Putting your money where your mouth is; punish the spread of false information

So one of my friends on Facebook posted another dubious article today; this time, it was about the alleged neuro-toxicity of Fluoride. The ‘source’ was quite poorly written, as usual, low on detail and high on emotive weasel-words; it made various dubious claims and even had the audacity to suggest you may want to make your own tooth paste!

As is often the case, it turned out that one simple Google search on this topic quickly revealed the entire contents of the aforementioned article to be devoid of truth, to put it mildly. As it happens, I know the person who posted it (she is an actual Friend, not just a name on Facebook), and she is one of the sweetest, friendliest, compassionate people I have ever met; we’re not dealing here with some barely literate imbecile, far from it.

I quickly replied with a more fact-based story elucidating the realities of Fluoride and its relation to cancer (ie. none) and left it at that, but something kept nagging me about this. I felt that,surely, (re) posting content like this ought not be something you can do with impunity. What if another of her friends, believing her to be just as nice and socially conscious as I do, would act upon the ‘information’ in the article she posted, and stopped using toothpaste, only to find herself one day with teeth needing thousands of Euro’s worth of dental work? Is posting such false nonsense not, in fact, deeply irresponsible and reckless?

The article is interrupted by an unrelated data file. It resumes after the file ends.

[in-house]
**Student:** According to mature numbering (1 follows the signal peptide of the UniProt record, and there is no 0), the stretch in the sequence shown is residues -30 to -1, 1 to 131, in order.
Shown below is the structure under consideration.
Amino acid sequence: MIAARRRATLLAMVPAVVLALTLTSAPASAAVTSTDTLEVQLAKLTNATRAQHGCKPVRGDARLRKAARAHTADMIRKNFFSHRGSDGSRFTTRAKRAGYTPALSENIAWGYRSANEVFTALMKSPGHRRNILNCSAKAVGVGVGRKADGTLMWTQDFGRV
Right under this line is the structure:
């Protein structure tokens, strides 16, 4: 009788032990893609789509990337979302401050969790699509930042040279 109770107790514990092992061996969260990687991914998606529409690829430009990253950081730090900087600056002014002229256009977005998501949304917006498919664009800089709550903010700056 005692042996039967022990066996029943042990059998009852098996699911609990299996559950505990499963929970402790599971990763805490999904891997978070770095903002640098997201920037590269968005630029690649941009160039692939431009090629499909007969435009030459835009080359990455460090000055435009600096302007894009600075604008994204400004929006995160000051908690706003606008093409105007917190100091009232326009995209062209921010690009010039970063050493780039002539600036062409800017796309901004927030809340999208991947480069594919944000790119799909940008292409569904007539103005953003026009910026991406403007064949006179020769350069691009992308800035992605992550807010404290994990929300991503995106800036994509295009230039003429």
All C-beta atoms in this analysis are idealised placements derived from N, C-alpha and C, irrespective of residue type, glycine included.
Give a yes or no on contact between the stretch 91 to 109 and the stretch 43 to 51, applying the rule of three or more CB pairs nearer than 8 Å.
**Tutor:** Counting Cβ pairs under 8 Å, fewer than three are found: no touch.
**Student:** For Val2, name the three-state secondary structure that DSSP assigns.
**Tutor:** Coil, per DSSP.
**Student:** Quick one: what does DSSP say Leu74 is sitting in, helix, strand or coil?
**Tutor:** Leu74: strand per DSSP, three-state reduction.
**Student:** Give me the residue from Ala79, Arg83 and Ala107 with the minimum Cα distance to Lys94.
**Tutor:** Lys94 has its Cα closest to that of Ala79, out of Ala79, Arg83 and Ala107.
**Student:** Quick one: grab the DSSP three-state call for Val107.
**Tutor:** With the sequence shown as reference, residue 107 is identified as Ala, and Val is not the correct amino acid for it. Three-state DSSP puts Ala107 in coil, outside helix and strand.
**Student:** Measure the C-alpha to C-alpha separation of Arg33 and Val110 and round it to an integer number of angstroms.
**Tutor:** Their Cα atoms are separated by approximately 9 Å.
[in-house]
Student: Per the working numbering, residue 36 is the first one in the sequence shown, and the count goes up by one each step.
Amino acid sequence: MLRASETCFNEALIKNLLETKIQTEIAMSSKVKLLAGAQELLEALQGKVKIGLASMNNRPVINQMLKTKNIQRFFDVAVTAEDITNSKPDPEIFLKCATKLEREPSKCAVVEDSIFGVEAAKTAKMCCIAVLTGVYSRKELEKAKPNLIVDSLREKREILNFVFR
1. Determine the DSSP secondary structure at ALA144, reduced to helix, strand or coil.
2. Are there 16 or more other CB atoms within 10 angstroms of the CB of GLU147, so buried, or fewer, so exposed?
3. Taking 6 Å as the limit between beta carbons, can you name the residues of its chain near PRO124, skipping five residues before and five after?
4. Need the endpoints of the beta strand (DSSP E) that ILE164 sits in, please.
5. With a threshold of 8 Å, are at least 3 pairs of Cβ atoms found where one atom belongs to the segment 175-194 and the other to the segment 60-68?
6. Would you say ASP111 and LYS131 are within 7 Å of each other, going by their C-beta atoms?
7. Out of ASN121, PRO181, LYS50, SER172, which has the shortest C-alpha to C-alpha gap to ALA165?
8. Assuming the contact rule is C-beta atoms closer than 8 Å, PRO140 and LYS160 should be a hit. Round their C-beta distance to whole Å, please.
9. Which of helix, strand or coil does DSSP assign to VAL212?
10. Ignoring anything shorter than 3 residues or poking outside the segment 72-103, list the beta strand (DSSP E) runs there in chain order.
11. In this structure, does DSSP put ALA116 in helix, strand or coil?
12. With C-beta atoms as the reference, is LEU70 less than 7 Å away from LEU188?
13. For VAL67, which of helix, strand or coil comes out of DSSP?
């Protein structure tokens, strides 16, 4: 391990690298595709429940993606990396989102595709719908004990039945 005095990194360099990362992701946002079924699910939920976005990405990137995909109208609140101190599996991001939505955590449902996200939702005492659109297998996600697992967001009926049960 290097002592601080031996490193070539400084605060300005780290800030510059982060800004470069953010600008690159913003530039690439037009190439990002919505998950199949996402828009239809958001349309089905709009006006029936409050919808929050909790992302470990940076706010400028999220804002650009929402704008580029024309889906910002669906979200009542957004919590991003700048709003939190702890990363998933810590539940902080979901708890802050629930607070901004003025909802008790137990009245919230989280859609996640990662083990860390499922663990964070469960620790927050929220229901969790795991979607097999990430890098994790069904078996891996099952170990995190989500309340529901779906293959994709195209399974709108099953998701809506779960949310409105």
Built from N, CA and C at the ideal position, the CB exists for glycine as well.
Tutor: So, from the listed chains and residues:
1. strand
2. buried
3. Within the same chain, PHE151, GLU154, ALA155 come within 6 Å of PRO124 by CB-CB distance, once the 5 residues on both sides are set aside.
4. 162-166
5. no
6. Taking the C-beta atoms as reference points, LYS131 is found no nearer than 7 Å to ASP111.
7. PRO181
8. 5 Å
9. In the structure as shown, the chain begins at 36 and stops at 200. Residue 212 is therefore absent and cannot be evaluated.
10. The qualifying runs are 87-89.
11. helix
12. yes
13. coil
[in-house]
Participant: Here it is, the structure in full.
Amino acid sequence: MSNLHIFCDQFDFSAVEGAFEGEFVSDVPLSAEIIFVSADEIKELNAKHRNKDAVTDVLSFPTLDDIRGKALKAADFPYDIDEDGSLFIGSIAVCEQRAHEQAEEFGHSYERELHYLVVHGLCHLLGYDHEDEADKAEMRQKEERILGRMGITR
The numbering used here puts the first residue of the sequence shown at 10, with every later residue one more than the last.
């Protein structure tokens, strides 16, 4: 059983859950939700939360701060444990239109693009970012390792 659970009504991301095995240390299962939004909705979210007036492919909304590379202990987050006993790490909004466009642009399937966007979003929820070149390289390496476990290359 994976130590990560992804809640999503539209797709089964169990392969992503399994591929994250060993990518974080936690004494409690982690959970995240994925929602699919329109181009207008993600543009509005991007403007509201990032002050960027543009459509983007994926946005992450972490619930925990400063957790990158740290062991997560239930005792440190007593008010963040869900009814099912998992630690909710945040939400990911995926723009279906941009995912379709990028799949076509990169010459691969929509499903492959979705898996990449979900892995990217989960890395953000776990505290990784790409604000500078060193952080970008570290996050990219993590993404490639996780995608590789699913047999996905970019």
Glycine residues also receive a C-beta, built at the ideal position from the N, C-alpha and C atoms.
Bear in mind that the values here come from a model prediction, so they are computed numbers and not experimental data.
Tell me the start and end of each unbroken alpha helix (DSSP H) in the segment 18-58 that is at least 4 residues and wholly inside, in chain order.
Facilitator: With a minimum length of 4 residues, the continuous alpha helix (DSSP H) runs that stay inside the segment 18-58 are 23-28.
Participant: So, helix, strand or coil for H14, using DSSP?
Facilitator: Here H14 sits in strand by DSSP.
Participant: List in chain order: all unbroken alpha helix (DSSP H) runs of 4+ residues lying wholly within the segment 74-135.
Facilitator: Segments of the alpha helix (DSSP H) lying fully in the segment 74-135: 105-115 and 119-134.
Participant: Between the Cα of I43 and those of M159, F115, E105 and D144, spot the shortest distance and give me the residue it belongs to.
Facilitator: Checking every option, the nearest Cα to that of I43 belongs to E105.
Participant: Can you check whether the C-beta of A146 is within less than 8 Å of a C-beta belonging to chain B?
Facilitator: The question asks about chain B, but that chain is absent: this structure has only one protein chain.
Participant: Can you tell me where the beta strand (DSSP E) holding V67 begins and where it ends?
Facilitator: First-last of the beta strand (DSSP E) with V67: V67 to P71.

I think it is time that we start holding people to account about what they post online, and make it possible to actually punish them in some form or another for doing so, if the information they propagate is demonstrably false. In particular if checking/verifying the veracity of content is indeed as simple as just doing 2 minutes of Googling. We’re not talking here about proving some complex theory where the jury is still out; disproving the claims in the ‘article’ mentioned is simple, easy and requires an astonishingly minor effort. Of course, one might say that anyone who wishes to act upon its contents ought to do the same, and while this may be true, in an ideal world such information would not be posted in the first place. The onus of proof (and the responsibility for it) ought to be on the person spreading the data.

And when I say ‘punish’, obviously, I don’t mean sending them off to some faraway re-education camp, or even to be sentenced by an actual court — it ought to be something like a traffic ticket, an amount that matters, but isn’t going to mess up the rest of your monthly spending. First you’d get a warning, maybe even two, but if you do it again, you can expect to be fined 50–100 Euro’s.

First and foremost, this is about stopping the mindless, often emotion-driven spread of false information, and taking responsibility for your actions online. It is about making people think before they post, imploring them to do their due diligence and making sure the story they are about to announce has at least a modicum of truth and accuracy. Needless to say, many posts would fall in a grey area, and some posts (like slander) are already illegal. But in a time where passing on information is as simple as a few taps of a finger, some motivation for accuracy ought to be established.

People spreading lies, pseudo-science and other nonsense are doing a disservice to humanity, and are a major contributor to ignorance, superstition and the persistence of false beliefs. It is time for those who do so to be held to account.

Todeljonen Hakvenassen

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